In the vastness of the ocean, we have also a lively emblem of eternity. Who can comprehend or measure the ocean, but God? And who can comprehend eternity but He that is said to inhabit it? (see Isa. 57:5). Though shallow rivers may be drained and dried up, yet the ocean cannot. And though these transitory days, months, and years will at last expire and determine; yet eternity shall not. O! it is a long word! and amazing matter! What is eternity but a constant permanency of persons and things, in one and the same state and condition forever; putting them beyond all possibility of change? The heathens were wont to shadow it by a circle, or a snake twisted round. It will be to all of us, either a perpetual day or night, which will not be measured by watches, hours, minutes. And as it cannot be measured, so neither can it ever be diminished. When thousands of years are gone, there is not a minute less to come. Gerhard and Drexelious do both illustrate it by this known similitude: Suppose a bird were to come once in a thousand years to some vast mountain of sand, and carry away in her bill one grain in a thousand years; O what a vast time would it be ere that immortal bird, after that rate, should carry off the mountain! and yet in time this might be done. For there would still be some diminution; but in eternity there can be none. There be three things in time, which are not competent to eternity: In time there is a succession, one generation, year and day passeth, and another comes; but eternity is a fixed now. In time there is a diminution and wasting, the more is past, the less is to come. But it is not so in eternity. In time there is an alteration of condition and states: A man may be poor today, and rich tomorrow; sickly and diseased this week and well the next; now in contempt, and anon in honour: But no changes pass upon us in eternity. As the tree falls at death and judgment, so it lies forever. If in heaven, there thou art a pillar, and shalt go forth no more (see Rev. 3:12). If in hell, no redemption thence, but the smoke of their torment ascendeth forever and ever (see Rev. 19:3).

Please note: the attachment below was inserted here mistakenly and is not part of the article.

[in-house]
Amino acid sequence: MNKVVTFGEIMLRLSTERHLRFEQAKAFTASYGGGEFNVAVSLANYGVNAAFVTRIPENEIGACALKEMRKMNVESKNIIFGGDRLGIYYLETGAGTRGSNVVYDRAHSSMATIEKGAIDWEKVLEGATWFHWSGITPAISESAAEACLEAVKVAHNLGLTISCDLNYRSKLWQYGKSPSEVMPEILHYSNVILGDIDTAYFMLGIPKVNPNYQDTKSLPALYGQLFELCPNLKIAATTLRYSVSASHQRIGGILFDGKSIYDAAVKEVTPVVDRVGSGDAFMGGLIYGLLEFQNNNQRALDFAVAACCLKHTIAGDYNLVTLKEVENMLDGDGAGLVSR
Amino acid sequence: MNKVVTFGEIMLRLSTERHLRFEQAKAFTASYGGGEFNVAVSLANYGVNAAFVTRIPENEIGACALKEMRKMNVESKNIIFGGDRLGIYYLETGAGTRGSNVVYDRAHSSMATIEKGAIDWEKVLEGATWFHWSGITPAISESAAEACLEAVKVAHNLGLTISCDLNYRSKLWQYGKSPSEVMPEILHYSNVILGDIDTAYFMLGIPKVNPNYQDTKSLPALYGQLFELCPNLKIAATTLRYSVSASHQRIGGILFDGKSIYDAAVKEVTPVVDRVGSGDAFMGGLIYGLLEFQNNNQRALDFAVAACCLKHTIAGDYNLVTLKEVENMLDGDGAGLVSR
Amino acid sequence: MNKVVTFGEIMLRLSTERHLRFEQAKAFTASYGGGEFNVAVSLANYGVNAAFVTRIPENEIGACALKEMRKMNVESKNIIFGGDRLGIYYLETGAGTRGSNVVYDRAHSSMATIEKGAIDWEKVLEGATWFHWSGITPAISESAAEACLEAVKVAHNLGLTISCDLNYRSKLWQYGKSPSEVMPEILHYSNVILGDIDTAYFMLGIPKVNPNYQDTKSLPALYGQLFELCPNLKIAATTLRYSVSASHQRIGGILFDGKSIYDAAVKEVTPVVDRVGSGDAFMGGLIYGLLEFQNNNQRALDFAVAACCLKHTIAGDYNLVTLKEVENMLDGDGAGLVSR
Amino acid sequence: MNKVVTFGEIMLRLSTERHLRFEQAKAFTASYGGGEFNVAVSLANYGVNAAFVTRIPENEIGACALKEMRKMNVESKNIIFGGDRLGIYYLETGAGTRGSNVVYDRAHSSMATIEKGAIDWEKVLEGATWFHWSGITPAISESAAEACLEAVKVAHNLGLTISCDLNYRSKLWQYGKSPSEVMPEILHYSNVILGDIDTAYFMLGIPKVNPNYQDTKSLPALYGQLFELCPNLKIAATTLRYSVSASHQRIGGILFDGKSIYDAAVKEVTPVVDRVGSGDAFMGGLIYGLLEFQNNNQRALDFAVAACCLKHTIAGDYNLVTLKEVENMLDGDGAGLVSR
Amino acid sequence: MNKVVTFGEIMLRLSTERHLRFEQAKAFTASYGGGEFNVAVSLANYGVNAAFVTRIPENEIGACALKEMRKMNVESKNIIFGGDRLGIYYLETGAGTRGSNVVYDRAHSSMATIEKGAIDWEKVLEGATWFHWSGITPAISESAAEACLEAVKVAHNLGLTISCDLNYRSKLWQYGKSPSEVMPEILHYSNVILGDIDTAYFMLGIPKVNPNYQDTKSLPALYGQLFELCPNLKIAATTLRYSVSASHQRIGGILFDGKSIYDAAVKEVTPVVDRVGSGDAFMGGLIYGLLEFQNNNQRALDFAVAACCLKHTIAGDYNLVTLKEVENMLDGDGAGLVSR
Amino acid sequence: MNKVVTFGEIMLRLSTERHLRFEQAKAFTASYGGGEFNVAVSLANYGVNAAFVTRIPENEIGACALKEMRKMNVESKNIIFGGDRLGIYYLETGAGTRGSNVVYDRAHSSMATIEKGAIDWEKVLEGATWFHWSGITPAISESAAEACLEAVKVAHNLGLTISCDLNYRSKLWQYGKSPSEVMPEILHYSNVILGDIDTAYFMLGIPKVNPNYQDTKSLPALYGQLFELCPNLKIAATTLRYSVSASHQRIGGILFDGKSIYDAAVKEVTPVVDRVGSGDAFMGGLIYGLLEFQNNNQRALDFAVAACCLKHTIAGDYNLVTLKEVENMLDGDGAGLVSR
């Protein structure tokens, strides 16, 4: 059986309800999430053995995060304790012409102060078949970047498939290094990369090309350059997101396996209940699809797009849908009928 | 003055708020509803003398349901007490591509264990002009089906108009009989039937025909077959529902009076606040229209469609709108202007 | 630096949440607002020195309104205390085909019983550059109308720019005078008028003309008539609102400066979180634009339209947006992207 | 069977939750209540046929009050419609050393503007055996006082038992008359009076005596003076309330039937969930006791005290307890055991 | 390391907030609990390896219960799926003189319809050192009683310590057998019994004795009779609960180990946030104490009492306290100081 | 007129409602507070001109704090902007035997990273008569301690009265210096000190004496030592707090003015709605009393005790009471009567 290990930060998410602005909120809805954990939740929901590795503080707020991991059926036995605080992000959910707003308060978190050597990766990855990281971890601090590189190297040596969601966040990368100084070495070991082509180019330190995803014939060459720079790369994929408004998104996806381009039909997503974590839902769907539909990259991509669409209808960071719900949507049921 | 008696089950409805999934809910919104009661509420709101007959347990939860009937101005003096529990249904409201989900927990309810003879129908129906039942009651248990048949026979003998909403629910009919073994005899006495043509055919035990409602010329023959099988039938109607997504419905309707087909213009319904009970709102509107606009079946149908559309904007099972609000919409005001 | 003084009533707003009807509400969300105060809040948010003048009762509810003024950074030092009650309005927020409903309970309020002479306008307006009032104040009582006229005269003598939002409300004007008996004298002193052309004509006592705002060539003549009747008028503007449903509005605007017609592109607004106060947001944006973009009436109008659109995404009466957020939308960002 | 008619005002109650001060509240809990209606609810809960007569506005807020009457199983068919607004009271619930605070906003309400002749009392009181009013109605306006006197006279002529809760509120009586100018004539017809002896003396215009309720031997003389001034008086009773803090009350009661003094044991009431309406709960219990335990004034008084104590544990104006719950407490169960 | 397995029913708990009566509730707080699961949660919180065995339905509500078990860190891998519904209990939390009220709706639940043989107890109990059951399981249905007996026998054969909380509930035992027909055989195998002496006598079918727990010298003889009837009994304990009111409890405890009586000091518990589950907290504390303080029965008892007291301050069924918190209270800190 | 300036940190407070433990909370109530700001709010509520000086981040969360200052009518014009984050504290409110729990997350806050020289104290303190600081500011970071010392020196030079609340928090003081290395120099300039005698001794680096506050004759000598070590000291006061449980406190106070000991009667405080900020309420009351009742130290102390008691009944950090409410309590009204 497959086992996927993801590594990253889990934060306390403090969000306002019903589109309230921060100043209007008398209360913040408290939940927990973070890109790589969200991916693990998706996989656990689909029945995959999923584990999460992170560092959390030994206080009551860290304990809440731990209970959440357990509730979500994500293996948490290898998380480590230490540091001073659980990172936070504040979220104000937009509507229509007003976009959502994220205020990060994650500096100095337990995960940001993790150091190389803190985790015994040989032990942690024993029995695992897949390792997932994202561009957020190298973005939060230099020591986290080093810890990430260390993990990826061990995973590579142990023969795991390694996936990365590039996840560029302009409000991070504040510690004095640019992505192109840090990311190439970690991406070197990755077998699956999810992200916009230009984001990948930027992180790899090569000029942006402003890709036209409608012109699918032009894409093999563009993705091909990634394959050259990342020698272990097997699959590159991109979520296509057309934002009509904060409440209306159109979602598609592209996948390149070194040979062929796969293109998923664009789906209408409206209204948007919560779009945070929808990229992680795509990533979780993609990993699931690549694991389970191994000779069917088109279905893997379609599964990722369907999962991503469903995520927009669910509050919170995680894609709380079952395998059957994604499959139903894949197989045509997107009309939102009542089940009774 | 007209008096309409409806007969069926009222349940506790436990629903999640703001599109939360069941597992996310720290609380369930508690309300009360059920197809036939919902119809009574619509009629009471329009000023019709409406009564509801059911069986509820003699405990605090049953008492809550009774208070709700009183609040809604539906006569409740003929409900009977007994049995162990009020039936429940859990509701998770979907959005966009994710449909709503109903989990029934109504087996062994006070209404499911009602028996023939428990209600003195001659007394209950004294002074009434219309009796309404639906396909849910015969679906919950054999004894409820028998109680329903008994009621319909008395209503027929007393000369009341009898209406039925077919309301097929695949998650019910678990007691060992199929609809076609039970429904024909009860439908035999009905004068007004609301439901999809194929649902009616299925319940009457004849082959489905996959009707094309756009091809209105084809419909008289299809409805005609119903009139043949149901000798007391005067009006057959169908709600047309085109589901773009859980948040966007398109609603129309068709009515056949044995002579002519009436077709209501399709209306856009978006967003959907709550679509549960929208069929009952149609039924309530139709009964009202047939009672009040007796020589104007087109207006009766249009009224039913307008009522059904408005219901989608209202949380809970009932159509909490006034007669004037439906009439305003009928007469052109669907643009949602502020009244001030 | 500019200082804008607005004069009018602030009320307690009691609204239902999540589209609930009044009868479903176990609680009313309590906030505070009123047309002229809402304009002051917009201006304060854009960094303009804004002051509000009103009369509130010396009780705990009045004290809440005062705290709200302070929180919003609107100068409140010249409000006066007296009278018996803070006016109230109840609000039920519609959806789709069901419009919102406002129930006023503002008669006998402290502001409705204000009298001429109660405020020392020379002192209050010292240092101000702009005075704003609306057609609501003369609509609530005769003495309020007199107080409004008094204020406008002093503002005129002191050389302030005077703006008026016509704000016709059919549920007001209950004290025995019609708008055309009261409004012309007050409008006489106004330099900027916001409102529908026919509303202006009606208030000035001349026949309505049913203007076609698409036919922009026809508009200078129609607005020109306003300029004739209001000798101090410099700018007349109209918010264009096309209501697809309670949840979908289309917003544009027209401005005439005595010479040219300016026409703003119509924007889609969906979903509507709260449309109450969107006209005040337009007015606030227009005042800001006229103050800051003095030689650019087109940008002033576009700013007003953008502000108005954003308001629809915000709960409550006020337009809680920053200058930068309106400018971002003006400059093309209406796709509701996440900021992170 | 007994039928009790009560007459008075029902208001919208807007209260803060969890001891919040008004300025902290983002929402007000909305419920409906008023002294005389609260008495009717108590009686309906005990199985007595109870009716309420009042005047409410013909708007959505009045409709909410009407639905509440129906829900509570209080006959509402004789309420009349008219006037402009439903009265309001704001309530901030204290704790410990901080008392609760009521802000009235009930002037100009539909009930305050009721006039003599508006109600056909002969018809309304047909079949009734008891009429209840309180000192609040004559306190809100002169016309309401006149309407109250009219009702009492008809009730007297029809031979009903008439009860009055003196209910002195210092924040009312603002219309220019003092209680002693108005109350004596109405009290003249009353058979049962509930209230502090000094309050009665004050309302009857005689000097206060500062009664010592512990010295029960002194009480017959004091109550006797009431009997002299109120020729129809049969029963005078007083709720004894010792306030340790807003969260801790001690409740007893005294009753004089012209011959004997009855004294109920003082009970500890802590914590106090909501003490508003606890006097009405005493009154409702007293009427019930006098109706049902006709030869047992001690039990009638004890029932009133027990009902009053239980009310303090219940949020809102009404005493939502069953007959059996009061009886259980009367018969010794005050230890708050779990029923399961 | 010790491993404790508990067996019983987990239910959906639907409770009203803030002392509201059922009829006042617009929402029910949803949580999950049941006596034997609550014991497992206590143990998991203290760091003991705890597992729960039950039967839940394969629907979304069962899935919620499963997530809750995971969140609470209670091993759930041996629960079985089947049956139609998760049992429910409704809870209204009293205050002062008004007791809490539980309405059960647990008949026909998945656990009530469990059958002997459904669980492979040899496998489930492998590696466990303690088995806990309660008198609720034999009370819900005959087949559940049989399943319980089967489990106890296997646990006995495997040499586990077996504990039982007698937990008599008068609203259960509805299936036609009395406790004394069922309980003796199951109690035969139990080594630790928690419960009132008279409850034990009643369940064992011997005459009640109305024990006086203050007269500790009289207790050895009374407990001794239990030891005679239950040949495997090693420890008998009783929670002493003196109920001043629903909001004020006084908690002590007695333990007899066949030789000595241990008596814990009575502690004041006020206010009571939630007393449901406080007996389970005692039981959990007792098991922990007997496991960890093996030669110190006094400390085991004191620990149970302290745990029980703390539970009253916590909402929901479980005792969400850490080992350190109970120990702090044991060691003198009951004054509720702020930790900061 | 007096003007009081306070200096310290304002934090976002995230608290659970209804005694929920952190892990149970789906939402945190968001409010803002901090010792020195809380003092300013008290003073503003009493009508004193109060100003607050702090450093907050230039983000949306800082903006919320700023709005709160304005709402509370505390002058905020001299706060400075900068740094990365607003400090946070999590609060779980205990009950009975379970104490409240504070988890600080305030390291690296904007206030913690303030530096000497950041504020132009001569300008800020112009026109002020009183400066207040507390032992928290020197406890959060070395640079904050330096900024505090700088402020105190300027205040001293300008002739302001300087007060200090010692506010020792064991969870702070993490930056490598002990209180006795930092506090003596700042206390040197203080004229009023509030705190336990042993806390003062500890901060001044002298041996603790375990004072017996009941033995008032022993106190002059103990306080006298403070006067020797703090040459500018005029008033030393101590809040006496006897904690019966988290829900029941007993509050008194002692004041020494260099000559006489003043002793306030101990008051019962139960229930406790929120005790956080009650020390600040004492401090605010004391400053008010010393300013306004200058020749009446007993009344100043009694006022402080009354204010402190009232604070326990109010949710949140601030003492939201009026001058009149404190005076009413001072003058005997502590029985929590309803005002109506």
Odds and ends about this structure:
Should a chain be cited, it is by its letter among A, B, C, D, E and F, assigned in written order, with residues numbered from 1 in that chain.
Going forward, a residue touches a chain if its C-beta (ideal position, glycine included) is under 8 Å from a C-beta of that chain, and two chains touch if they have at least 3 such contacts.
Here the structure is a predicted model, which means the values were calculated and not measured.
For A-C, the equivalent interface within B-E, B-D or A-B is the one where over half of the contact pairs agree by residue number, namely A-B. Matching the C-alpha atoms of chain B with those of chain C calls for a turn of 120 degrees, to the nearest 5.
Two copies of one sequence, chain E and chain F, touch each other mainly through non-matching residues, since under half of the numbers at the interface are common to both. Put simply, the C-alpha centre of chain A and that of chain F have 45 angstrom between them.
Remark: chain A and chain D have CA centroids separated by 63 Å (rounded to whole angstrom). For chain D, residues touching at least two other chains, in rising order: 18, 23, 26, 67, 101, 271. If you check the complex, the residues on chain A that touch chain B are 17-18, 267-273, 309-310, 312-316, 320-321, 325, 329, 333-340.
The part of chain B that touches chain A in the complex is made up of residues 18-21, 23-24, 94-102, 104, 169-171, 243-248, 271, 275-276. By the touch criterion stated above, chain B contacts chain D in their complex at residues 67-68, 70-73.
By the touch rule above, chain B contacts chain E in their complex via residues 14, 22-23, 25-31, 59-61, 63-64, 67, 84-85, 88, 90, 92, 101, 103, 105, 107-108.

And is the mercy of God like the great deep, an ocean that none can fathom? What unspeakable comfort is this to me? (may the pardoned soul say). Did Israel sing a song, when the Lord had overwhelmed their corporeal enemies in the seas? And shall not I break forth into His praises, who hath drowned all my sins in the depth of mercy? O my soul, bless thou the Lord, and let His high praises ever be in thy mouth. Mayest thou not say, that He hath gone to as high an extent and degree of mercy in pardoning thee as ever He did in any? O my God, who is like unto Thee! that pardoneth iniquity, transgression and sin. What mercy, but the mercy of a God could cover such abomination as mine?

But O! what terrible reflections will conscience make from hence, unto all despisers of mercy, when the sinner's eyes come to be opened too late for mercy, to do them good! We have heard indeed, that the king of heaven was a merciful king, but we would make no address to Him, whilst that sceptre was stretched out. We heard of balm in Gilead, and a physician there, that was able and willing to cure all our wounds, but we would not commit ourselves to Him. We read, that the arms of Christ were open to embrace and receive us, but we would not. O unparalleled folly! O soul-destroying madness! Now the womb of mercy is shut up, and shall bring forth no more mercies to me forever. Now the gates of grace are shut, and no cries can open them.

Mercy acted its part, and is gone off the stage: and now justice enters the scene, and will be glorified forever upon me. How often did I hear the bowels of compassion sounding in the gospel for me? But my hard and impenitent heart could not relent; and now, if it could, it is too late. I am now past out of the ocean of mercy, into the ocean of eternity, where I am fixed in the midst of endless misery, and shall never hear the voice of mercy more!

O dreadful eternity! O soul-confounding word! An ocean indeed, to which this ocean is but as a drop; for in thee no soul shall see either bank or bottom. If I lie but one night under strong pains of body, how tedious doth that night seem! And how do I tell the clock, and wish for day! In the world I might have had life, and would not. And now, how fain would I have death, but cannot? How quick were my sins in execution? And how long is their punishment in duration? O! how shall I dwell with everlasting burnings? Oh that God would but vouchsafe one treaty more with me! But alas, all tenders and treaties are now at an end with me. On earth peace (see Luke 2:13), but none in hell. O my soul! consider these things; come, let us debate this matter seriously, before we launch out into this ocean.

[ Home | Table of Contents | Previous Page | Next Page | Back Issues | Complete Index ]